A major benefit of shooting uncompressed RAW is taking advantage of a wide gamut of color depth, allowing for subtle or drastic changes in post without the addition of artifacts or degrading the image. There are, however, differences between grading 12-bit RAW and other video files that you should know in order to make your footage appear its best.
Grading 12-bit RAW footage from your D16 is a slightly different process than grading regular video files, because the CinemaDNG files must be displayed in the correct color space in order for the image to look normal. A “color space” is essentially a mathematical algorithm that determines how colors in a digital image should be captured and displayed.
The most common “color spaces” we encounter on a day-to-day basis are RGB, the color space used to intake and display graphics on monitors like a television or computer monitor, and CMYK, the color space used for print graphics like magazines and catalogs.
Those familiar with graphic design will have encountered the way a CMYK image looks slightly “washed out” when an image intended for print is displayed on a computer monitor—because the image is not being displayed in the monitor’s native (RGB) color space.
Many color grading systems default to Rec709 color space, which is an 8-bit RGB color space meant for television broadcast. Rec709 squeezes the colors of an image into 8 bits between the white point (brightest color) and black point (darkest color), making images appear brighter and more saturated, with crushed blacks and bright highlights. Banding in subtle gradients such as a sky also occur, because the 8-bits do not contain enough color information to display the gradient smoothly.
When you open a 12-bit CinemaDNG file in an 8-bit Rec709 color space, the image appears “wrong”, just like CMYK images appear “wrong” on an RGB monitor; the color algorithm for displaying Rec709 does not match the color algorithm captured in your CinemaDNG image. The most noticeable problem with CinemaDNG footage displayed in a Rec709 color space is that it appears to have a magenta tint, which is most noticeable in bright white areas. The image is also slightly “washed out”, displaying lower contrast and less vibrancy than the recorded footage.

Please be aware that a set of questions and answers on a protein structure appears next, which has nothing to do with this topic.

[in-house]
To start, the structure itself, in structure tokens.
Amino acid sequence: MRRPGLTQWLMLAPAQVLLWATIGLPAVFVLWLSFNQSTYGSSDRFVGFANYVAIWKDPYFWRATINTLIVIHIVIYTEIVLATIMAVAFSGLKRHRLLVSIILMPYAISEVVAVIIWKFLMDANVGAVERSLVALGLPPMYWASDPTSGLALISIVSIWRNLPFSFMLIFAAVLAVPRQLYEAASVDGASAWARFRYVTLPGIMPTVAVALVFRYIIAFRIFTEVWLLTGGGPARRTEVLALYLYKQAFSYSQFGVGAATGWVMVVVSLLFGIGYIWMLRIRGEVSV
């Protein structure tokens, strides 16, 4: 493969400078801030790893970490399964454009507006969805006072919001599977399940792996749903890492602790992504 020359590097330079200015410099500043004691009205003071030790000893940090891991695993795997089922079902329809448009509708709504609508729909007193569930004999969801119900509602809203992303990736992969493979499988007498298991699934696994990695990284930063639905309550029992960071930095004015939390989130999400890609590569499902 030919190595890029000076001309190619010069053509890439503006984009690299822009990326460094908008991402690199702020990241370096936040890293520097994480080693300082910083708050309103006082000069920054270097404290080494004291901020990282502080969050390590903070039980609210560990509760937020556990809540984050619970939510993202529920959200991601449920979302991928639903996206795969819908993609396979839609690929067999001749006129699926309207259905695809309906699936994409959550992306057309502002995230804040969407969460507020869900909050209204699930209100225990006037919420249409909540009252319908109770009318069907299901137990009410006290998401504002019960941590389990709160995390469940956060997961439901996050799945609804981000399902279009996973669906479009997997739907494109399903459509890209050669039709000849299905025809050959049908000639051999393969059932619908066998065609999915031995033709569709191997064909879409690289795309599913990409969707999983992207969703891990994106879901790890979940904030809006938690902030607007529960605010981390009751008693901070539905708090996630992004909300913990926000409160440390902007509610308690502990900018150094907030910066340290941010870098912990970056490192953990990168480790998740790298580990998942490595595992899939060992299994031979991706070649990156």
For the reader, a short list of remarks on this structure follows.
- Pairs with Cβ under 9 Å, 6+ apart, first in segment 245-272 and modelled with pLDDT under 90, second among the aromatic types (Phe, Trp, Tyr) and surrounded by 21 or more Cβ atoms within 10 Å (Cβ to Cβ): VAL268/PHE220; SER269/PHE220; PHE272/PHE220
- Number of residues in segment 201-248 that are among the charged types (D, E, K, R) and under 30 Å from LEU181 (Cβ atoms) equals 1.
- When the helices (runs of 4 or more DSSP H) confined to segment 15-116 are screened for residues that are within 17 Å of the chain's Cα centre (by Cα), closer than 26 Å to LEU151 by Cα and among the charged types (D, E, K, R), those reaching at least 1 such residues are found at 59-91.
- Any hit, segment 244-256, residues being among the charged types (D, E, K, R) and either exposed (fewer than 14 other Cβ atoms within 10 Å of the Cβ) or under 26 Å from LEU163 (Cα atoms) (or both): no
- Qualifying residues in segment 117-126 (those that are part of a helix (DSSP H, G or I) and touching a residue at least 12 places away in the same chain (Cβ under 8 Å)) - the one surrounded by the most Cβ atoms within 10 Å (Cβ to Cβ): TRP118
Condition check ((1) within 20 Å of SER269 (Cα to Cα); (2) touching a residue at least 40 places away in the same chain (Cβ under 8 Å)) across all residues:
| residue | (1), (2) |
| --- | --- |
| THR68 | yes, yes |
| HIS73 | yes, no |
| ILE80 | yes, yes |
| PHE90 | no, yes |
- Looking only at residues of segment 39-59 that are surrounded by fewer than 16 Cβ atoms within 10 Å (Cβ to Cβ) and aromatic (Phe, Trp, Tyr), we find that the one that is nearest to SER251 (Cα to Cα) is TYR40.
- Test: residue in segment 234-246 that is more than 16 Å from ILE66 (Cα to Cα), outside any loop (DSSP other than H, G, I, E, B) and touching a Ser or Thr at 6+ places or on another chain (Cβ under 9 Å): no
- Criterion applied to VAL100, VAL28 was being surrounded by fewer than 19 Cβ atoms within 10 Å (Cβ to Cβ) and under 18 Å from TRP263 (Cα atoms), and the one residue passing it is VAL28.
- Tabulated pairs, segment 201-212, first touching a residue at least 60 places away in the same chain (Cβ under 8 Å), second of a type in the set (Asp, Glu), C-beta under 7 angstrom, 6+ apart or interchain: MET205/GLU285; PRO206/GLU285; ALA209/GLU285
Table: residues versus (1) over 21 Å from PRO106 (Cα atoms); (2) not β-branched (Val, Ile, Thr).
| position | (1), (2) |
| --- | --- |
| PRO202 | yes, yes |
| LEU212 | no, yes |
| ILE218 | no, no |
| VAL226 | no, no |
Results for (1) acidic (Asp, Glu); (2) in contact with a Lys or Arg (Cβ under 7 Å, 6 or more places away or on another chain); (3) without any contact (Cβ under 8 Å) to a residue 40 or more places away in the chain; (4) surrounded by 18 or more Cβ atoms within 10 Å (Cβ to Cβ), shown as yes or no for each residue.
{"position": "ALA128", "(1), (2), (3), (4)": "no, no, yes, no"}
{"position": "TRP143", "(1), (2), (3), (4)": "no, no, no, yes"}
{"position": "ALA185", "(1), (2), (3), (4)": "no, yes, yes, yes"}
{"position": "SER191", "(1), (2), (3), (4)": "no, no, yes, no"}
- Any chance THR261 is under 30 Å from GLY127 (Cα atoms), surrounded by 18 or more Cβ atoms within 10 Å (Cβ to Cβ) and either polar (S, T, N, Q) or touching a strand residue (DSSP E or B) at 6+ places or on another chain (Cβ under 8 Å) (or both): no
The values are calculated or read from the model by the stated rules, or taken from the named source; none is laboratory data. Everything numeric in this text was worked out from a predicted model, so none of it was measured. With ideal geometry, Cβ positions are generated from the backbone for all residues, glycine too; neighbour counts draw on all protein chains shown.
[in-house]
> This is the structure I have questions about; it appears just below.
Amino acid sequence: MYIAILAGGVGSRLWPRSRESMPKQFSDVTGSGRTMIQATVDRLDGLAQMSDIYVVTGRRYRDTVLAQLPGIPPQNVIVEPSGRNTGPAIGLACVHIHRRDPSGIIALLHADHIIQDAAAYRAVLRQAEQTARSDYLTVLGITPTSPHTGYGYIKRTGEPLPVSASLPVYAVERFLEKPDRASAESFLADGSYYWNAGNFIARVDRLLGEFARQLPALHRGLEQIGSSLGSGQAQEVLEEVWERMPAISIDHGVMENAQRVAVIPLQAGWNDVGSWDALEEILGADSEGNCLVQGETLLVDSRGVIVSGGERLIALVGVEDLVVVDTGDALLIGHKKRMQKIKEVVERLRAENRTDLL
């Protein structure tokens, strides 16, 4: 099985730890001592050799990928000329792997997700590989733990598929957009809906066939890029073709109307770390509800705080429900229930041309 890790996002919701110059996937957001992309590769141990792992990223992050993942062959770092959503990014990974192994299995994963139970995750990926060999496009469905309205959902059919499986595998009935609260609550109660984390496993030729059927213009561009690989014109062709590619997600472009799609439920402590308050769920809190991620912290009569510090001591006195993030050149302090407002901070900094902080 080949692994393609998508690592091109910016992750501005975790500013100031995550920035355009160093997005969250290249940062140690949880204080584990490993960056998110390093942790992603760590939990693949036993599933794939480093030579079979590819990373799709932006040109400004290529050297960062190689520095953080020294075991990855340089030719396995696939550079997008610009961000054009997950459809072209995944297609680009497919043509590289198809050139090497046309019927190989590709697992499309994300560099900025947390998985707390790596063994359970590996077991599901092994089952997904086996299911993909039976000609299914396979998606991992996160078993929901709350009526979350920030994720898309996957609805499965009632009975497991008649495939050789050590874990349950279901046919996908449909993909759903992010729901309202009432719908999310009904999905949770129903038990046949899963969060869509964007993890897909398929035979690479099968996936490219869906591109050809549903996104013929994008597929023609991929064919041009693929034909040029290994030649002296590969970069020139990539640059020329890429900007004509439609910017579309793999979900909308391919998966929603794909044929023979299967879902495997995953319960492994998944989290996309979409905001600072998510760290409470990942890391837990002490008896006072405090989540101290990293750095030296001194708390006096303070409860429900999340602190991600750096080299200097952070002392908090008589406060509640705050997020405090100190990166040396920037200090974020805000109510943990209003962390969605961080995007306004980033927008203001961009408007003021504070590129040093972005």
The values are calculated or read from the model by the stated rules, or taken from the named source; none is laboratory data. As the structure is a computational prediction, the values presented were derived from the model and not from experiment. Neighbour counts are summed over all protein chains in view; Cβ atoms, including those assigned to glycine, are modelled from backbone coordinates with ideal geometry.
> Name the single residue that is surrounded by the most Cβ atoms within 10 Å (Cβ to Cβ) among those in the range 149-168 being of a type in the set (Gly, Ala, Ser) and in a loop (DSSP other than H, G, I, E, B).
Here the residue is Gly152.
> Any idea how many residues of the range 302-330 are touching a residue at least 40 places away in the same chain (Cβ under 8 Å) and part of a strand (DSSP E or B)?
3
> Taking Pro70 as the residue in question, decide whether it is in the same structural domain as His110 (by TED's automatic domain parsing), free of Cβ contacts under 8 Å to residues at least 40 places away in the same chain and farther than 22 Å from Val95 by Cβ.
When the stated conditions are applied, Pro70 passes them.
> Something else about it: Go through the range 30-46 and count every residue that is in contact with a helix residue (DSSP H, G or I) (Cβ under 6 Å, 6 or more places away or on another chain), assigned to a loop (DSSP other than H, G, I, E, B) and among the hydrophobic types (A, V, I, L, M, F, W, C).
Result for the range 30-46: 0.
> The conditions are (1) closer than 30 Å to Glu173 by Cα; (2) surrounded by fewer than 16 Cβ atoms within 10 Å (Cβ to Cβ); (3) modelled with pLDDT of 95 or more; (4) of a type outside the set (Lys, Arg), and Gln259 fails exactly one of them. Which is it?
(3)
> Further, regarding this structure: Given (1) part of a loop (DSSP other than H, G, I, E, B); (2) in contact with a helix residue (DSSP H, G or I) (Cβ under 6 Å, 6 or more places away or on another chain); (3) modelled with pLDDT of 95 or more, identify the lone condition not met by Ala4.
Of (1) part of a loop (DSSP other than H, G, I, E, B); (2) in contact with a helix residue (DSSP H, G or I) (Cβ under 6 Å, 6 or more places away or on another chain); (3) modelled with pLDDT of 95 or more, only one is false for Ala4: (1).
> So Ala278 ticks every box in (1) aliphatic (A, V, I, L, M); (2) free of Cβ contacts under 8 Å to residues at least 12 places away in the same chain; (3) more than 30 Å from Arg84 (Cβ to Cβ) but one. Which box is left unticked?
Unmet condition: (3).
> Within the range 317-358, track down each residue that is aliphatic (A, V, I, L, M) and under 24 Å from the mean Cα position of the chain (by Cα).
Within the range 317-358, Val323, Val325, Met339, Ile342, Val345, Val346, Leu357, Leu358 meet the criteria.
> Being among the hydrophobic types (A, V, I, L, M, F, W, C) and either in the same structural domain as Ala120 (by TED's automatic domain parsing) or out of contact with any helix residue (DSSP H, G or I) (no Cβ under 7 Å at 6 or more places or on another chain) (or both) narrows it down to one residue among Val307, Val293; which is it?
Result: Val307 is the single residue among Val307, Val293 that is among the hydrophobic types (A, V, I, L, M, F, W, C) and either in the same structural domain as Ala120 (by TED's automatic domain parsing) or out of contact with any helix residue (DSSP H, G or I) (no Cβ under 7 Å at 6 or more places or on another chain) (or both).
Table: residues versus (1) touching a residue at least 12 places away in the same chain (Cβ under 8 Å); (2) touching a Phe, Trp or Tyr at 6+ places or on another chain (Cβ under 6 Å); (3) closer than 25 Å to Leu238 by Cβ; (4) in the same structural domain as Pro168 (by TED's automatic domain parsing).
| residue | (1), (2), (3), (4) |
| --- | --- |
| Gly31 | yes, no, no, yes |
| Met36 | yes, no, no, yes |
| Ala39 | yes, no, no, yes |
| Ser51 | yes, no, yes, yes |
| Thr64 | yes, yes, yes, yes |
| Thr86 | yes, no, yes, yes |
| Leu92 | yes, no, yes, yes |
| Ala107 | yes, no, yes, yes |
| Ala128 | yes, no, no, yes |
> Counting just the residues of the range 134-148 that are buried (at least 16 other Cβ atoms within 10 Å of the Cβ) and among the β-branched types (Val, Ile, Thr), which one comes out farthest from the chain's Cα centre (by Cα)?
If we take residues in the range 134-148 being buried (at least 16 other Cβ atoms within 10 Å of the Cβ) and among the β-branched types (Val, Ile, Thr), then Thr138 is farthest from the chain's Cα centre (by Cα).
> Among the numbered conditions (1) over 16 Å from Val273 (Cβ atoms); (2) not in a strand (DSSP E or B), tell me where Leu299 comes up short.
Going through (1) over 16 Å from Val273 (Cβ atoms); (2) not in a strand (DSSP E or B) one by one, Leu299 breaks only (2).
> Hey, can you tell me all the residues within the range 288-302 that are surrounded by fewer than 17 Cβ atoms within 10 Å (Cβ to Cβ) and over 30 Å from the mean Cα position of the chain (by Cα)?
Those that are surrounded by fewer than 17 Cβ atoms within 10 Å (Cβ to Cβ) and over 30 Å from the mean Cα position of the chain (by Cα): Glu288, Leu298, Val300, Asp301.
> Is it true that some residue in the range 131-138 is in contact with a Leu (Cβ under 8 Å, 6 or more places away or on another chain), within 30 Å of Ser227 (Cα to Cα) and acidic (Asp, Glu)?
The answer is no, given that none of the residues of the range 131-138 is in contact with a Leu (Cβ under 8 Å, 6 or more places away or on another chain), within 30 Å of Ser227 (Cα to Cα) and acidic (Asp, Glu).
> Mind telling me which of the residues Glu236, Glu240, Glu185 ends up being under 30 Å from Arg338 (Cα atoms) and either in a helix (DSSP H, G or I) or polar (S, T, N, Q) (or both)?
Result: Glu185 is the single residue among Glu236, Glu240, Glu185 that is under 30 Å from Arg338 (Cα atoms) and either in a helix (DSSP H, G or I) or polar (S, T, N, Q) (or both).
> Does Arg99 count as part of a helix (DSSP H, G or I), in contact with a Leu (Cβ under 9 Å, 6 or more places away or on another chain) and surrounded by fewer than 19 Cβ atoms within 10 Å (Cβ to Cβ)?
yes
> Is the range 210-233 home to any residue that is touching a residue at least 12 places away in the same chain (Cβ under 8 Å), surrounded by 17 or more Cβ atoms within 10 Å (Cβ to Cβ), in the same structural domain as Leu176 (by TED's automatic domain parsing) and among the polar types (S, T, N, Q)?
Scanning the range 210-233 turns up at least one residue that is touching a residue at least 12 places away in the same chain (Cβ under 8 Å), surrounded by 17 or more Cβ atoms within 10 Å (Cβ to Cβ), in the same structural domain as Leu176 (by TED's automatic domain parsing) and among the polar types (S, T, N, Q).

Compare the white sails and their reflections on the water and the overall contrast between the images below:
It is important to make sure your D16 footage is in the correct color space before you begin grading, or your images will suffer from “magenta highlights” or poor contrast.
Note: LightPost currently displays images in a Rec709 color space. If you have used LightPost to create proxy files to edit in Premiere CS6, Final Cut Pro, or Avid instead of editing natively in CinemaDNG in Premiere Pro CC, make sure to save your CinemaDNG files for color grading—software like Da Vinci Resolve and Adobe Speedgrade are able to swap your .mov proxies for CinemaDNG sequences in your coloring timeline, allowing you to utilize the correct color space, ensuring that your images will be displayed and colored properly. The correct color space in Da Vinci Resolve is called “BMD Film”; there are a number of LUTs available for download that will give you the correct look in SpeedGrade.
Topics — Color Grading on the D16
- Lumetri Looks and LUT options for Premiere Pro CC
Tutorials — Color Grading on the D16
Da Vinci Resolve
- How do I: bring an XML file of a finished edit into Resolve for color grading?
- How do I: create ProRes dailies from DNG sequences using Resolve?
Adobe Creative Suite
- How to: Grade in Speed Grade when editing in Premiere Pro CC
- How to: Grade in After Effects when editing in Premiere Pro CC
- How To: create an XMP grade using Adobe Camera Raw